Born into the Op Art movement, Yvaral latched onto the idea of geometry in the artistic process. His works carry a magnificent otherworldly quality while at the same time remaining rooted in basic mathematical principles. Three dimensional forms explode of his canvases, and he brings this energy into his portraits as well.
Victor Vasarely's Zebra (1937) is a highly contrasting somewhat-abstracted work that set the course for Optical Art in the 20th century.
Yvaral (Jean-Pierre Vasarely) (French, 1934–2002)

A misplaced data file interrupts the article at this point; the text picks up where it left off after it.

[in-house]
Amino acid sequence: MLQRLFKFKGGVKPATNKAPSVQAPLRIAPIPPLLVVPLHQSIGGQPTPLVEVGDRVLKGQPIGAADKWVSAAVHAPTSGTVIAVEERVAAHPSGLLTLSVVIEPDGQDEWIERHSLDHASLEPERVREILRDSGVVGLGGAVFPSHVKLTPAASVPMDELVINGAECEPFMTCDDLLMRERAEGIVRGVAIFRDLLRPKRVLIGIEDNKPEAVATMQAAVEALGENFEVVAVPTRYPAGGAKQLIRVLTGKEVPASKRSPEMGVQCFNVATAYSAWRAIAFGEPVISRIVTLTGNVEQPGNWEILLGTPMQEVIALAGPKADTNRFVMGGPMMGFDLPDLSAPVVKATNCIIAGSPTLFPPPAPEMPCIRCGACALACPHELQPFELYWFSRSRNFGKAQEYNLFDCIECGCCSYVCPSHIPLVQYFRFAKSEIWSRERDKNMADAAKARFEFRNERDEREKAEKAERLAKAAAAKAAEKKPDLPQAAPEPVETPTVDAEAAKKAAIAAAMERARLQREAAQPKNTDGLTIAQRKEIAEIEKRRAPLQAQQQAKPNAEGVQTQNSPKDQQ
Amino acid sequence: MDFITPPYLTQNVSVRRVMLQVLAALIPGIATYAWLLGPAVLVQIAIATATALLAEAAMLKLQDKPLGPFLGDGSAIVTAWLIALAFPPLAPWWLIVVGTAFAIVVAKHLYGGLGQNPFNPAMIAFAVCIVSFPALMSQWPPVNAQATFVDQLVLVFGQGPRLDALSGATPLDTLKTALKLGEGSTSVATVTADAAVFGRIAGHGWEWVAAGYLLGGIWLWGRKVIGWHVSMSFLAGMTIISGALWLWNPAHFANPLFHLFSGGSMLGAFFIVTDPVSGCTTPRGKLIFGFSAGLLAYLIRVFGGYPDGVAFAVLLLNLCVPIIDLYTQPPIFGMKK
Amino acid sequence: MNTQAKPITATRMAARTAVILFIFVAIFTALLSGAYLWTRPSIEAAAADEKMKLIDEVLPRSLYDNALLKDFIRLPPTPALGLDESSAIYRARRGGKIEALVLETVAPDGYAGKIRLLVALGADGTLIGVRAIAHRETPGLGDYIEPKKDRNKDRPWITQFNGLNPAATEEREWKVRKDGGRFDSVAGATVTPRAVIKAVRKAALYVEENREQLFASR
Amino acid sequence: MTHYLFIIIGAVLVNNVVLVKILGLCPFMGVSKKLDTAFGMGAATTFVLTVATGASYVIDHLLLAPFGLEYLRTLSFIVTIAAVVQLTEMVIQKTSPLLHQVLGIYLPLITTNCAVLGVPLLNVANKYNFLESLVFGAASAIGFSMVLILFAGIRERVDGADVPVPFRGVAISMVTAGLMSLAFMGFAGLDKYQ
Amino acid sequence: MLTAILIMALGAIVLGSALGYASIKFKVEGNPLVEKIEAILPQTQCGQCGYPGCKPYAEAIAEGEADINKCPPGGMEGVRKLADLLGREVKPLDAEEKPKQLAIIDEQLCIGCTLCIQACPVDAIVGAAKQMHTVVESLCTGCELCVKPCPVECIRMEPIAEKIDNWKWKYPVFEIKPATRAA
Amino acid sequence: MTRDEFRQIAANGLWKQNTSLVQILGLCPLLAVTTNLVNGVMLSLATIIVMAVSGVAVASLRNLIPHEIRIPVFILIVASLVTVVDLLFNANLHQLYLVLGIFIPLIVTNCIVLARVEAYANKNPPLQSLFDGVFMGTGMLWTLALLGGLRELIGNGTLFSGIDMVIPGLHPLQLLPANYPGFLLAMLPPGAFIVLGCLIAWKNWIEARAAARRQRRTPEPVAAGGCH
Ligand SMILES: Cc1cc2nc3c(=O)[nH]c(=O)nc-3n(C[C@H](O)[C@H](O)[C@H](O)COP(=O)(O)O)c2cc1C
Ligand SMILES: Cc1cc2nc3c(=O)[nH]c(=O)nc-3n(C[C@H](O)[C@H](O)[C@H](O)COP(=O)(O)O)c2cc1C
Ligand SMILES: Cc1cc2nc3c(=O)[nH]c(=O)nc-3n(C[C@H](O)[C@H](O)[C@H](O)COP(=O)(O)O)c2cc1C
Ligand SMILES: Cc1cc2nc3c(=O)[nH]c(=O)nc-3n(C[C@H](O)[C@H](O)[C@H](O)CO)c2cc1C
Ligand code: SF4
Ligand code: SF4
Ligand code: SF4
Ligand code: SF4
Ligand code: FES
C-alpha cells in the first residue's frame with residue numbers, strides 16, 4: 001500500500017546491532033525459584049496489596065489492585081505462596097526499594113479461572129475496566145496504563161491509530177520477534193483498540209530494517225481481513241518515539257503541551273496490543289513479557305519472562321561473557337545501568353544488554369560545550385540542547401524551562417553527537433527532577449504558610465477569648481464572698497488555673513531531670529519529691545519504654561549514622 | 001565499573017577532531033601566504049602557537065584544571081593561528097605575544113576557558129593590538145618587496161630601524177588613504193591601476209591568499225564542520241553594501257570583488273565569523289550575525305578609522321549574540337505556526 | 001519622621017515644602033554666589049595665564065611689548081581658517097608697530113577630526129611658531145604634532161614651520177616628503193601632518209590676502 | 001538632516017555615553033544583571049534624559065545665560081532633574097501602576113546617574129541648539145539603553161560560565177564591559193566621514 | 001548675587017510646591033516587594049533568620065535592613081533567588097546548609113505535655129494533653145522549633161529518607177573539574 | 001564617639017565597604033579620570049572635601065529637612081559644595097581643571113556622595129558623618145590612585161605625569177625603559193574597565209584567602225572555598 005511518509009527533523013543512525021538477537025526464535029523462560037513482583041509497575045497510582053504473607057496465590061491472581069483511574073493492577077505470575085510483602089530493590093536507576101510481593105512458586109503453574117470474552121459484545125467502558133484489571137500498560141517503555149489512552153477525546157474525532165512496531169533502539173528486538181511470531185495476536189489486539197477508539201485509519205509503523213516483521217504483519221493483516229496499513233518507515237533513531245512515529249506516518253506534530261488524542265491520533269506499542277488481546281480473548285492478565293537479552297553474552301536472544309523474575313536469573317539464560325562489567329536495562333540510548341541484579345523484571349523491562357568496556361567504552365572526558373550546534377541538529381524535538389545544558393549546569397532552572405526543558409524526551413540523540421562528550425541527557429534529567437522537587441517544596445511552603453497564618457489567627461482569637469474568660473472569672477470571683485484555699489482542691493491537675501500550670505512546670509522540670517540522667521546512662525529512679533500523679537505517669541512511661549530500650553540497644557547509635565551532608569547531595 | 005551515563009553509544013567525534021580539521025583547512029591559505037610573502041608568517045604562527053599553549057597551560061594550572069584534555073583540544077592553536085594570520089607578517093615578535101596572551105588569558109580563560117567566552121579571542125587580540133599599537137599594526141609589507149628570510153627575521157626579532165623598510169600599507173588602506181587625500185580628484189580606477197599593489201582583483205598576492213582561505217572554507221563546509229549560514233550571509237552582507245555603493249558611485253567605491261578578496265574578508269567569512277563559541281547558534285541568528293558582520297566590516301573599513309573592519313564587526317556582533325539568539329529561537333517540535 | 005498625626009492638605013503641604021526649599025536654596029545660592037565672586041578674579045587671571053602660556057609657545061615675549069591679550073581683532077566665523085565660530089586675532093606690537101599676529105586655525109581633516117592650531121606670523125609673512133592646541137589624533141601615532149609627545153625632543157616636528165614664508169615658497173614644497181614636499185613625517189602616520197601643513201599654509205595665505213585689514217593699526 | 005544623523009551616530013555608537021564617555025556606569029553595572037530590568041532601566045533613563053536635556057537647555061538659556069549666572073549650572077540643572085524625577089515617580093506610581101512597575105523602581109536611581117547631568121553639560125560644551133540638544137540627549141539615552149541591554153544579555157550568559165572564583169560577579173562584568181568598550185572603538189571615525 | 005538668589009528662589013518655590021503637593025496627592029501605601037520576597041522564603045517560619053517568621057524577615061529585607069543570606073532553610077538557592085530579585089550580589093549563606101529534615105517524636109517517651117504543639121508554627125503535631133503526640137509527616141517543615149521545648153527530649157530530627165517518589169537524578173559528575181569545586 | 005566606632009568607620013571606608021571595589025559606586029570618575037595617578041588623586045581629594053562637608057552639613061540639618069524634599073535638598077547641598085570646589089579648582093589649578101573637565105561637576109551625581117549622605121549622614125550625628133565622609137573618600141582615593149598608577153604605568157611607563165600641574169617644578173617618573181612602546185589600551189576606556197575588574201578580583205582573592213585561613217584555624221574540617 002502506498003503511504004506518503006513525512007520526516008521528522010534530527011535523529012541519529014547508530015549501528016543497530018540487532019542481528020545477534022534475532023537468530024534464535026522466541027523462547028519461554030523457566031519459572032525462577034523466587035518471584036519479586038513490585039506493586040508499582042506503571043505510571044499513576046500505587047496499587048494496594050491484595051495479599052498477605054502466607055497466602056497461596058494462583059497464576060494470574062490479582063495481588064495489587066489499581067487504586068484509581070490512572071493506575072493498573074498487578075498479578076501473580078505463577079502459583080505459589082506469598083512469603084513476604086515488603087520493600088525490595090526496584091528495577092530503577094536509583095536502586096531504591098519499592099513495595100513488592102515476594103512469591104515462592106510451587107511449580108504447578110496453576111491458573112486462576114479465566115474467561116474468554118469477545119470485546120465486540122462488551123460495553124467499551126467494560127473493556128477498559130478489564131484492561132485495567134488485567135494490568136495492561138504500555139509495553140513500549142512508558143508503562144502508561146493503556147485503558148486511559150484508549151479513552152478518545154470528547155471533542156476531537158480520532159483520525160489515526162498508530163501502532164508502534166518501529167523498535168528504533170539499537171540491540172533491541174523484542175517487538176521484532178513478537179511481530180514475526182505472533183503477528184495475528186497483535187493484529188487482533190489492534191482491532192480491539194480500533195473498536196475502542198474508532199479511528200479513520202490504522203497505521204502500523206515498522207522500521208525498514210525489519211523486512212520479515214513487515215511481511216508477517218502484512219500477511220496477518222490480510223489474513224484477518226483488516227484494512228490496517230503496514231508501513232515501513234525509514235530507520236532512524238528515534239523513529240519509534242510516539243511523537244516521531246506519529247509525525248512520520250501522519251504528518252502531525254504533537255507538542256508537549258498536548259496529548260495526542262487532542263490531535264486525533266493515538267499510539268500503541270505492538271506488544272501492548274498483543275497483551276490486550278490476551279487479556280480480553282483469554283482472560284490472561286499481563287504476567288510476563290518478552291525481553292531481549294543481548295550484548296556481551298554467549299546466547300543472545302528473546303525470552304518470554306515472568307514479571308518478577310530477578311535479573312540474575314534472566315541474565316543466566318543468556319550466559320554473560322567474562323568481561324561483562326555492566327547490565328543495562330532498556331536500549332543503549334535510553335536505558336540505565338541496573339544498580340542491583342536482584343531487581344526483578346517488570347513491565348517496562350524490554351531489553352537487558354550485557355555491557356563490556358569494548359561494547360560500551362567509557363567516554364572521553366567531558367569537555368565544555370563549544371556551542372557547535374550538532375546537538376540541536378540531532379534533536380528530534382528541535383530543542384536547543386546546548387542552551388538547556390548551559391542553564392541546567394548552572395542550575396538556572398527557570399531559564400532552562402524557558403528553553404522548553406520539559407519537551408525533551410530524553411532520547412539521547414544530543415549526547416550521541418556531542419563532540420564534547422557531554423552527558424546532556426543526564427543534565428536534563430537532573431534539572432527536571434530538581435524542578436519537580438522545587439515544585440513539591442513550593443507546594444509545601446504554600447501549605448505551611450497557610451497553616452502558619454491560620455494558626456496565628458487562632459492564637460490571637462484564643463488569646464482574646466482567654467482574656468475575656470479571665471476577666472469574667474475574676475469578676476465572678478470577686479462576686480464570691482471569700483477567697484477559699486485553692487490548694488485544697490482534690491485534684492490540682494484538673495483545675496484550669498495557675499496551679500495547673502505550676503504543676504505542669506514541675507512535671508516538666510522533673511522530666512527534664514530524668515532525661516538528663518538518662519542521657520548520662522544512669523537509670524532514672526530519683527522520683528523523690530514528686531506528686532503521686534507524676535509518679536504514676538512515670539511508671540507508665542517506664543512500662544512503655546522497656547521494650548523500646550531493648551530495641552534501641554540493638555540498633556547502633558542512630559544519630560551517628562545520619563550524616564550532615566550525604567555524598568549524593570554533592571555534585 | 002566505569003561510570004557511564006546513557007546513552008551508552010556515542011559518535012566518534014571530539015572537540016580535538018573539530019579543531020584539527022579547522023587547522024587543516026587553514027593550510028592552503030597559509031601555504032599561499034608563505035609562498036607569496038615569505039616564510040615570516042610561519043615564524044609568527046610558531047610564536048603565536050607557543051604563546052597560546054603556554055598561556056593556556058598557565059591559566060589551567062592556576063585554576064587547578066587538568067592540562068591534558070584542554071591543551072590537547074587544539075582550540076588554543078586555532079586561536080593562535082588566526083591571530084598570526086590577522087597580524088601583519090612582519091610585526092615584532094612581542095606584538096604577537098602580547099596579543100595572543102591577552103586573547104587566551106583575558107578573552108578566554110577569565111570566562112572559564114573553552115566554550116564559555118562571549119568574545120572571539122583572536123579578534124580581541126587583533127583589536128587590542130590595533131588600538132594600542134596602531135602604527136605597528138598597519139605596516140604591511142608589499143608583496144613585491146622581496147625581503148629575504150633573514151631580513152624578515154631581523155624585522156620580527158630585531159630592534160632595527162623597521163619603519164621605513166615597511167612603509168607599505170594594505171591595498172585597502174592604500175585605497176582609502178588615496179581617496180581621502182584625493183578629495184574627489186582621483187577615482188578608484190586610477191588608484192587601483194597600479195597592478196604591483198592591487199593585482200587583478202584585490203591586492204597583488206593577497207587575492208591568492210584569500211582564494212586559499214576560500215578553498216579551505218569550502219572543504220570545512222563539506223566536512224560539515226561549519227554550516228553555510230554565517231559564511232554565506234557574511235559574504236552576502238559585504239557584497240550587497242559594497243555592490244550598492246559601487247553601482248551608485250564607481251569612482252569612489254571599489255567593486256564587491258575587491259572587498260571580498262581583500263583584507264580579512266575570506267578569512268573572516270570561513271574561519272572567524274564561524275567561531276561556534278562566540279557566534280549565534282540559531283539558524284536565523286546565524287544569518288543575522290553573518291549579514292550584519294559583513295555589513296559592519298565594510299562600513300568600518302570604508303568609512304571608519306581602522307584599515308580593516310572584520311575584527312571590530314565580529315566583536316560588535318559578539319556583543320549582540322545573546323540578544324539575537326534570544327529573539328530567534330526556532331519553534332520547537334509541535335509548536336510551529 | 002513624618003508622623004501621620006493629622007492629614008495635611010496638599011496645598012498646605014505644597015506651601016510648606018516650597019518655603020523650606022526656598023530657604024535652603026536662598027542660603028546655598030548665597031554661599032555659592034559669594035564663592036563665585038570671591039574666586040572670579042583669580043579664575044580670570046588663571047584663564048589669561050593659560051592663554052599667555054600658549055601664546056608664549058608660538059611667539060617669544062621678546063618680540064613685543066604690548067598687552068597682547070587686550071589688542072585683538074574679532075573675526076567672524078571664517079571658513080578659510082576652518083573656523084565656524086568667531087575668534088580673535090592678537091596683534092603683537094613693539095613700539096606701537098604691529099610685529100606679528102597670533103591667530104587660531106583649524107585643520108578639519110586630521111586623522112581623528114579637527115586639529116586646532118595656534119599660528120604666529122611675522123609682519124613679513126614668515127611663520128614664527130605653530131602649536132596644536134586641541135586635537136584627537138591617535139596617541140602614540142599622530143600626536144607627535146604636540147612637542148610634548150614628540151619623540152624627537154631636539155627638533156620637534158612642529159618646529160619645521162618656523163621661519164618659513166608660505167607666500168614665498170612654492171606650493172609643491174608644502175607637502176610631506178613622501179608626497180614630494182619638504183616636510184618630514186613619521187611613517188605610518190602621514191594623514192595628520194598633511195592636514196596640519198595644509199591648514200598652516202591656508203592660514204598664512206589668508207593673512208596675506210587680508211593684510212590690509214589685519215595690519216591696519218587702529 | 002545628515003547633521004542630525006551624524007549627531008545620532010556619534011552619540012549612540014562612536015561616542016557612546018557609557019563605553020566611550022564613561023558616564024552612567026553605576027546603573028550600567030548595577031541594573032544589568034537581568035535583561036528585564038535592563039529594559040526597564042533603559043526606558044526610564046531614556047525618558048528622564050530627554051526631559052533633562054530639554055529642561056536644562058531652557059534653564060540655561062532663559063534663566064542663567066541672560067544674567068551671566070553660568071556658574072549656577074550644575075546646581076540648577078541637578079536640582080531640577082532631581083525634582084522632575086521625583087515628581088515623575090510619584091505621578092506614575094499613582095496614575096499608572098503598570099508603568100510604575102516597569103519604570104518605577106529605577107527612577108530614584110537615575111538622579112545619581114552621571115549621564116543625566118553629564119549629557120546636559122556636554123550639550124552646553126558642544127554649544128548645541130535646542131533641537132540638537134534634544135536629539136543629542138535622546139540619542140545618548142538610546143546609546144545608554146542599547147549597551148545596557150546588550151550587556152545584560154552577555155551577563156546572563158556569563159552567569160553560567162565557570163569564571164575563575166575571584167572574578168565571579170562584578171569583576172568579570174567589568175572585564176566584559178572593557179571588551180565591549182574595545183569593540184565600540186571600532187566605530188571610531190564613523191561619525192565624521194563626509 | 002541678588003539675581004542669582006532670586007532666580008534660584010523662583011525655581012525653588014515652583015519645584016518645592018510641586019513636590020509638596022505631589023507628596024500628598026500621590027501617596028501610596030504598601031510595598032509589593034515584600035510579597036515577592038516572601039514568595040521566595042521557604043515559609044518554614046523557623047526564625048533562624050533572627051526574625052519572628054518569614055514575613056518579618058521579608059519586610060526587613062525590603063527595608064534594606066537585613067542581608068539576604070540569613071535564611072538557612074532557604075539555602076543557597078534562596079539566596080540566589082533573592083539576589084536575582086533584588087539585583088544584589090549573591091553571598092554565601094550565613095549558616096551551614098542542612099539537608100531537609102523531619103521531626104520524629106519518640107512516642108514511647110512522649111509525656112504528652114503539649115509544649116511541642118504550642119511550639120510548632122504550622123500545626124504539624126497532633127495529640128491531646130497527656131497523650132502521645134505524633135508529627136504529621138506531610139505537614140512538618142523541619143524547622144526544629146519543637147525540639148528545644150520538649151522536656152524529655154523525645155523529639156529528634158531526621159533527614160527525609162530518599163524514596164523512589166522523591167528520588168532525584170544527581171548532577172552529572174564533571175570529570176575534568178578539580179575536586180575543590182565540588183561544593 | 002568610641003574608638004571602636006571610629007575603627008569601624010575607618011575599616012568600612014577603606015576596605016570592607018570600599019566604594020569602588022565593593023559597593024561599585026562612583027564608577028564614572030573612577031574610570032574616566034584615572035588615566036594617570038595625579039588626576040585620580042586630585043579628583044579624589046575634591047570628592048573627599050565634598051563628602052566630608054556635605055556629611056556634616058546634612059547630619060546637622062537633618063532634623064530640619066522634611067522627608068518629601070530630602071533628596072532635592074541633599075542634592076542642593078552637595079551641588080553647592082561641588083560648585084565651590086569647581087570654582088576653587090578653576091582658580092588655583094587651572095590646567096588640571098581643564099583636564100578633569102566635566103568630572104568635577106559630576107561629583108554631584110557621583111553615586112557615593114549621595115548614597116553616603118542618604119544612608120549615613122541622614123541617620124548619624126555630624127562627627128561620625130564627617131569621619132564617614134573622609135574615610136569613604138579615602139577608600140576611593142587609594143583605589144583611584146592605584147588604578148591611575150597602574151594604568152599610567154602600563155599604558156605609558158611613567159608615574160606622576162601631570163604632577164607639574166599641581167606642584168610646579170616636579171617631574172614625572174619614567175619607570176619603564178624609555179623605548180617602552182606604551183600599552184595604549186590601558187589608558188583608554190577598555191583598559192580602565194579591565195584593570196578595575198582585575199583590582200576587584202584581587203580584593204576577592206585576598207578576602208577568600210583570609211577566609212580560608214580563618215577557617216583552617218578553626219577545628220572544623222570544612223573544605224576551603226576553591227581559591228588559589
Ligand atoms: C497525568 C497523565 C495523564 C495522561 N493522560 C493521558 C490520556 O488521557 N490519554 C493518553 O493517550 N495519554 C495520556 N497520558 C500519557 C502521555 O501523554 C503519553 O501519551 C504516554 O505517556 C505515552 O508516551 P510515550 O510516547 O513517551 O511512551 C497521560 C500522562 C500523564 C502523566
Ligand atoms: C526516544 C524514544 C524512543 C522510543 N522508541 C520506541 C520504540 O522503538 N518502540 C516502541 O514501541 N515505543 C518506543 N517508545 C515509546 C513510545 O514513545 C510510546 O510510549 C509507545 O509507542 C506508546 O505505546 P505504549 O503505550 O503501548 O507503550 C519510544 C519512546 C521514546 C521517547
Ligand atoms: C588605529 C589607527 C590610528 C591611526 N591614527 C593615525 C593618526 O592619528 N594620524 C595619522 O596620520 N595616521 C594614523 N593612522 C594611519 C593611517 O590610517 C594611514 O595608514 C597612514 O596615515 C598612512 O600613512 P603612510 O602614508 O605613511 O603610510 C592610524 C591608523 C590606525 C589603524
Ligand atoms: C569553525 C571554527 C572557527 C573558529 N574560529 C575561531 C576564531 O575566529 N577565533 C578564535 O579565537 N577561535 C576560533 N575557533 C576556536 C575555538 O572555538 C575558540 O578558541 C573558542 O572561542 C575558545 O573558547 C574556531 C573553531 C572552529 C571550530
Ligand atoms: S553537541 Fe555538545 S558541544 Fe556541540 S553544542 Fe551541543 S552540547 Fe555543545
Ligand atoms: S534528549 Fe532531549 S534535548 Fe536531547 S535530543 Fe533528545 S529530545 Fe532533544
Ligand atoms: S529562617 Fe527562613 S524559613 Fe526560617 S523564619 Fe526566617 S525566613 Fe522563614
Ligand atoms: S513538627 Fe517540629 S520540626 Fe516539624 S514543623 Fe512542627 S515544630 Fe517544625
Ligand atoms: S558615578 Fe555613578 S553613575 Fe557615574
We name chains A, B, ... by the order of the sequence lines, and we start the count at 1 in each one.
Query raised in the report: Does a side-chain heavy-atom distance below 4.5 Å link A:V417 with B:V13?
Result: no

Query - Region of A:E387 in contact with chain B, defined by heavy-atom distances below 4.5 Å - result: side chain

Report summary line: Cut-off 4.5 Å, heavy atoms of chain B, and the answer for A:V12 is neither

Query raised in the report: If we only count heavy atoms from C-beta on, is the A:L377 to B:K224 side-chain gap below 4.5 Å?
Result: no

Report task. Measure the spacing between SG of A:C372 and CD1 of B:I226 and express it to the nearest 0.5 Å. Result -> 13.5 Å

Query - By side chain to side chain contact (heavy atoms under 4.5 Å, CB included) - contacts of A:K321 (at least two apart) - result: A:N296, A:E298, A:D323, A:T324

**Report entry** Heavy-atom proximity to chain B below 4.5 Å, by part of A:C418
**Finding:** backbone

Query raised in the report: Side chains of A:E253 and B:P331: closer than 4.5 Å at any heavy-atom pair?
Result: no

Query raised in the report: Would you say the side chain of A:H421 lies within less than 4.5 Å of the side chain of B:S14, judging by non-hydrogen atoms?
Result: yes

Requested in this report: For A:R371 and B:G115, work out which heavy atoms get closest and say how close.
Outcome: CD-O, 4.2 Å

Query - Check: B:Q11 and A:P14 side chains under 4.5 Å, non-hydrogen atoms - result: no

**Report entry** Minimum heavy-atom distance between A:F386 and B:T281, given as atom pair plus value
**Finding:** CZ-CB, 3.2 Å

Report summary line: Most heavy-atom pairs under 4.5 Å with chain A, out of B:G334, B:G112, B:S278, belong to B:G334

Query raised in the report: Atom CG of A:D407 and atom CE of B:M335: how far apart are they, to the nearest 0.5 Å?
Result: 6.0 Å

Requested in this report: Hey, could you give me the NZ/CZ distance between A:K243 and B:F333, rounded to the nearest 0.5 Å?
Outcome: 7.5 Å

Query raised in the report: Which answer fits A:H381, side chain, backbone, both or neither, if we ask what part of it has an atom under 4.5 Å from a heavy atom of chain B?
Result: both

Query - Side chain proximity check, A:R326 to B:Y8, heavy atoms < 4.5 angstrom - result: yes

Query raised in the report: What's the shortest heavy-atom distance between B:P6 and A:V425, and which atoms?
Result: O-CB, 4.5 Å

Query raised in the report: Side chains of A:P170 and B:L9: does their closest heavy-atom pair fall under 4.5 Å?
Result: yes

Combining the poetry of geometry with figurative art, Yvaral has created a wholly original body of artworks that has received the praise of important critics and museum curators around the world.
Born in France, Yvaral grew up in a complete artistic ambiance. Working alongside his father, Victor Vasarely, he discovered and explored the beauty of geometry in art. The inspiration of the French Impressionists and Pointillists is evident in his vibrant paintings. The artist juxtaposes pure colors next to one another to achieve the illusion of three-dimensional forms.